Immanuel Kant told us, around the end of the XVIIIth century, that each of us experiences a different reality – partly created by our own minds, thus supremely different from another’s. In fact, our inner worlds are exactly the reason we are able to create art, make discoveries or love. We are unique because we live in one-of-a-kind realities, the glimpse of which become visible only in what we let escape outside of them.
Perhaps as a way of evading from it, we used technology to cast a fine layer upon reality and build, in a very short time, an alternate universe – incredibly complex and at times more real than our real world. It was only a question of when until the very young, digital realm would become shaped to our own perceptions of reality, online or offline.
We can see proof of it everywhere: our Facebook timeline or Instagram feed, the online newspapers we read every morning, even Google, they all show us what we want to see – they have come to understand who we are based on what we like, share, search or buy. In other words, all actions we perform, from the moment we turn our computers on or check our phones (and lately, even before and after) become crumbs of information that so precisely point in our direction.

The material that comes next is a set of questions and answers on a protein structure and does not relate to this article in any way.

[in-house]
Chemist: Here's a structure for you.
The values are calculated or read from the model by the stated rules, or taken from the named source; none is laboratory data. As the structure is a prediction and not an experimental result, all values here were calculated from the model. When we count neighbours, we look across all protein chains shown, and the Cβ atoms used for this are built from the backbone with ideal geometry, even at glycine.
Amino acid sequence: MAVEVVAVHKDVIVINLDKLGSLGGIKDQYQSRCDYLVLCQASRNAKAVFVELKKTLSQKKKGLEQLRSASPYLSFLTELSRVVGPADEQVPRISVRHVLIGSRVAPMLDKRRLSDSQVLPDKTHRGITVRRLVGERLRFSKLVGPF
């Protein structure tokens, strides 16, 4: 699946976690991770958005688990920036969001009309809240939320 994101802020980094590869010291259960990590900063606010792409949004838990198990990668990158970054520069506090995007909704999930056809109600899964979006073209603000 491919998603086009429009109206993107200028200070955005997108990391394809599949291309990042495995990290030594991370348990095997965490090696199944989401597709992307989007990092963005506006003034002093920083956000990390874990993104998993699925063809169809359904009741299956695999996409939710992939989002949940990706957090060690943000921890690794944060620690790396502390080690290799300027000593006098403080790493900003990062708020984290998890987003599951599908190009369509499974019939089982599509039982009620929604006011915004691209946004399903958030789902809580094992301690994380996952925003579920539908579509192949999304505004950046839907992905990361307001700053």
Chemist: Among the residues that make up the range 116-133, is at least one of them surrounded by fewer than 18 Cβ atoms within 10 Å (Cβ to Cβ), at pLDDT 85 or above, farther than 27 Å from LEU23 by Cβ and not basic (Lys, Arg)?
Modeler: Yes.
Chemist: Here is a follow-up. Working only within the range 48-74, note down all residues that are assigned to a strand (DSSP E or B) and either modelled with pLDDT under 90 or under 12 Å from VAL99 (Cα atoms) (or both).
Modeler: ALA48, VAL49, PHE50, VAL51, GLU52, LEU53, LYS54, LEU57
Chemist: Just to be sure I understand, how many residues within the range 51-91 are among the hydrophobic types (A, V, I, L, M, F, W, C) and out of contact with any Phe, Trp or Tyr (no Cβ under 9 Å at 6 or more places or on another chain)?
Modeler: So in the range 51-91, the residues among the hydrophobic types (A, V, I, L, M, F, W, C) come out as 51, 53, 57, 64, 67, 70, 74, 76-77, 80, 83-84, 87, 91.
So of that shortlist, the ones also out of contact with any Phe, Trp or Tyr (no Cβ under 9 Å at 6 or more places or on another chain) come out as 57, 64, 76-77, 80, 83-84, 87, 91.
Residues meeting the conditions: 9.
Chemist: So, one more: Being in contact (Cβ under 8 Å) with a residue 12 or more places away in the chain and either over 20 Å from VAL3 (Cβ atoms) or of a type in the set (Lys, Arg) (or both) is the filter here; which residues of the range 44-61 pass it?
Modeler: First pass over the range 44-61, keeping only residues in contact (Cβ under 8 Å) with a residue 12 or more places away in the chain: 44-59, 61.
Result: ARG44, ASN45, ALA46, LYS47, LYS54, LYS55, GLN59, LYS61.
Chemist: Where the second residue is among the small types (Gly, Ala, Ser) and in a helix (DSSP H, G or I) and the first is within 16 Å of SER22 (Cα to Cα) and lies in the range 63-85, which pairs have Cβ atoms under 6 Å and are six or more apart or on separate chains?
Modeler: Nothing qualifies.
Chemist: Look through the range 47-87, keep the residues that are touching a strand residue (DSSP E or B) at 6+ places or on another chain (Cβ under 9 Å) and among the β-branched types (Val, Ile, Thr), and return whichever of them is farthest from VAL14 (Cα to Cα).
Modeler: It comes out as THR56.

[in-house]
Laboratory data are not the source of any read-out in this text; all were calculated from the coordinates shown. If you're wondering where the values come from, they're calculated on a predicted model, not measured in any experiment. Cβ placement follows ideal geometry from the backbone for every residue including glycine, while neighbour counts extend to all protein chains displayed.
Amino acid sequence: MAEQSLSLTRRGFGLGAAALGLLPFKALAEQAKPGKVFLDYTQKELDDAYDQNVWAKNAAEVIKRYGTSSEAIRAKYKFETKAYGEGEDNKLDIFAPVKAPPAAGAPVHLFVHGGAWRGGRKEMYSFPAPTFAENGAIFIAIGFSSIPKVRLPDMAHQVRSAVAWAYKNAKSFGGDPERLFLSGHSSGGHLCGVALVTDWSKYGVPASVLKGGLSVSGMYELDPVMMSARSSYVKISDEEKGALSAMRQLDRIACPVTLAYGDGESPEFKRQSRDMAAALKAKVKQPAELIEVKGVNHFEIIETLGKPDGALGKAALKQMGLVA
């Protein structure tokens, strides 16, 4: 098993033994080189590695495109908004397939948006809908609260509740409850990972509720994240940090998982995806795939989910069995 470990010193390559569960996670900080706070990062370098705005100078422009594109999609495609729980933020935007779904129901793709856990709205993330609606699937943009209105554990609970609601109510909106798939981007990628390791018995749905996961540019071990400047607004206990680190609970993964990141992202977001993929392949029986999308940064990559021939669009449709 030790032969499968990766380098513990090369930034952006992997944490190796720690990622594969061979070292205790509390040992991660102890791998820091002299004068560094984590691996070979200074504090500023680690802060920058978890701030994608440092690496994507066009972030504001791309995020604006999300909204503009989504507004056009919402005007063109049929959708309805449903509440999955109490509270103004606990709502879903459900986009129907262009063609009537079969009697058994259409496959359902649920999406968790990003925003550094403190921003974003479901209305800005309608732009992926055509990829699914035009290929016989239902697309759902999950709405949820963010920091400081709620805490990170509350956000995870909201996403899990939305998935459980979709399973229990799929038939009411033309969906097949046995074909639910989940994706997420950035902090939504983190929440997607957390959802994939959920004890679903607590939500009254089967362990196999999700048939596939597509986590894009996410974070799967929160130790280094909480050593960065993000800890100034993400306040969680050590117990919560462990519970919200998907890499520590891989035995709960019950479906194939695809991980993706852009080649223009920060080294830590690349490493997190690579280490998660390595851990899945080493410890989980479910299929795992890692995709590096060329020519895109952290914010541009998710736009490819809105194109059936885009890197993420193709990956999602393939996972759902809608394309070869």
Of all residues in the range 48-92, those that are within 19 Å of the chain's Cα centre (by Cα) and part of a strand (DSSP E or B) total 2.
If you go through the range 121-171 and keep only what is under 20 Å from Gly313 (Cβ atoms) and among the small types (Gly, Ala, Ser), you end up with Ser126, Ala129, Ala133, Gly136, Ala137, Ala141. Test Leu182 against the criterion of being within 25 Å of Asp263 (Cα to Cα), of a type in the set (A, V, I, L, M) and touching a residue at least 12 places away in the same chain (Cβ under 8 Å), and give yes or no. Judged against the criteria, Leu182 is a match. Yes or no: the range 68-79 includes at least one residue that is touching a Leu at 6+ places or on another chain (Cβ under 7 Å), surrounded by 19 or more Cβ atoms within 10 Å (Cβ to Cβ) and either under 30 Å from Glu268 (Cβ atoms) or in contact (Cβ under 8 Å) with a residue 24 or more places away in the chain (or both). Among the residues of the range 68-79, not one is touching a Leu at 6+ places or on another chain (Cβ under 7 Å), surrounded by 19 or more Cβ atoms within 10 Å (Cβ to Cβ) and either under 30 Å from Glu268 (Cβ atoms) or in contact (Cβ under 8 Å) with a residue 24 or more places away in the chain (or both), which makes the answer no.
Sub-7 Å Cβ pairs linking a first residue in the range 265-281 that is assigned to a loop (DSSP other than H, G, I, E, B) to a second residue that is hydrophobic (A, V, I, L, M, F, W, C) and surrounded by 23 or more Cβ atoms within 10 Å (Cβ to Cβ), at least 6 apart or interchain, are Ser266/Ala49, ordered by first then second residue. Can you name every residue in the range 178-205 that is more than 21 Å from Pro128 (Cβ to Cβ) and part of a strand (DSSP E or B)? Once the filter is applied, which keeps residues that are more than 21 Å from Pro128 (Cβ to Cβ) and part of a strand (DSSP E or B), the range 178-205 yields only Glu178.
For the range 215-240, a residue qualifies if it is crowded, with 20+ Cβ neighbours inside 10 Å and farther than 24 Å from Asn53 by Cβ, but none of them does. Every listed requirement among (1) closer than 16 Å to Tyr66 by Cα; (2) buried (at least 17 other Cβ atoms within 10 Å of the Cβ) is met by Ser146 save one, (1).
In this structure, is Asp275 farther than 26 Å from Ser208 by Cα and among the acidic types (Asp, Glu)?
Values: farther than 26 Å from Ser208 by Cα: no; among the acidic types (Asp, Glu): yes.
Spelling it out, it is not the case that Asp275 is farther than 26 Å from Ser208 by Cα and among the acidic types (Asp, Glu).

Data has become the elephant in the marketing room: too powerful to ignore, it is now the key differentiator in digital marketing.
So it’s probably safe to say that today we live in a 60’s adman most desired dream: a world in which we get to know our customers more than at any given point in the history of advertising. The problem is, with increasingly more data available, we face a proportionally rising tendency to keep an eye on them wherever they are, in our quest to become the answer to any desire they may have.
Reinforcing their own beliefs and realities, personalization empowers consumers and teaches them to expect everything ready at a single click. At the same time, it is a powerful, yet double-edged sword in the hands of marketers. While it can be extremely beneficial punctually, on the long term, personalization – taken inevitably one step too far – can turn online reality into an echo chamber.
Today we have access to the most powerful tool marketing has ever had – Private Data – which we can use to personalize our approach to the lives and personalities of consumers. However, we still have to figure out how to be smart about it – as we’ve barely begun to find out, there’s a fine line between personal and too personal. Cristian MIHAI – STRATEGAD.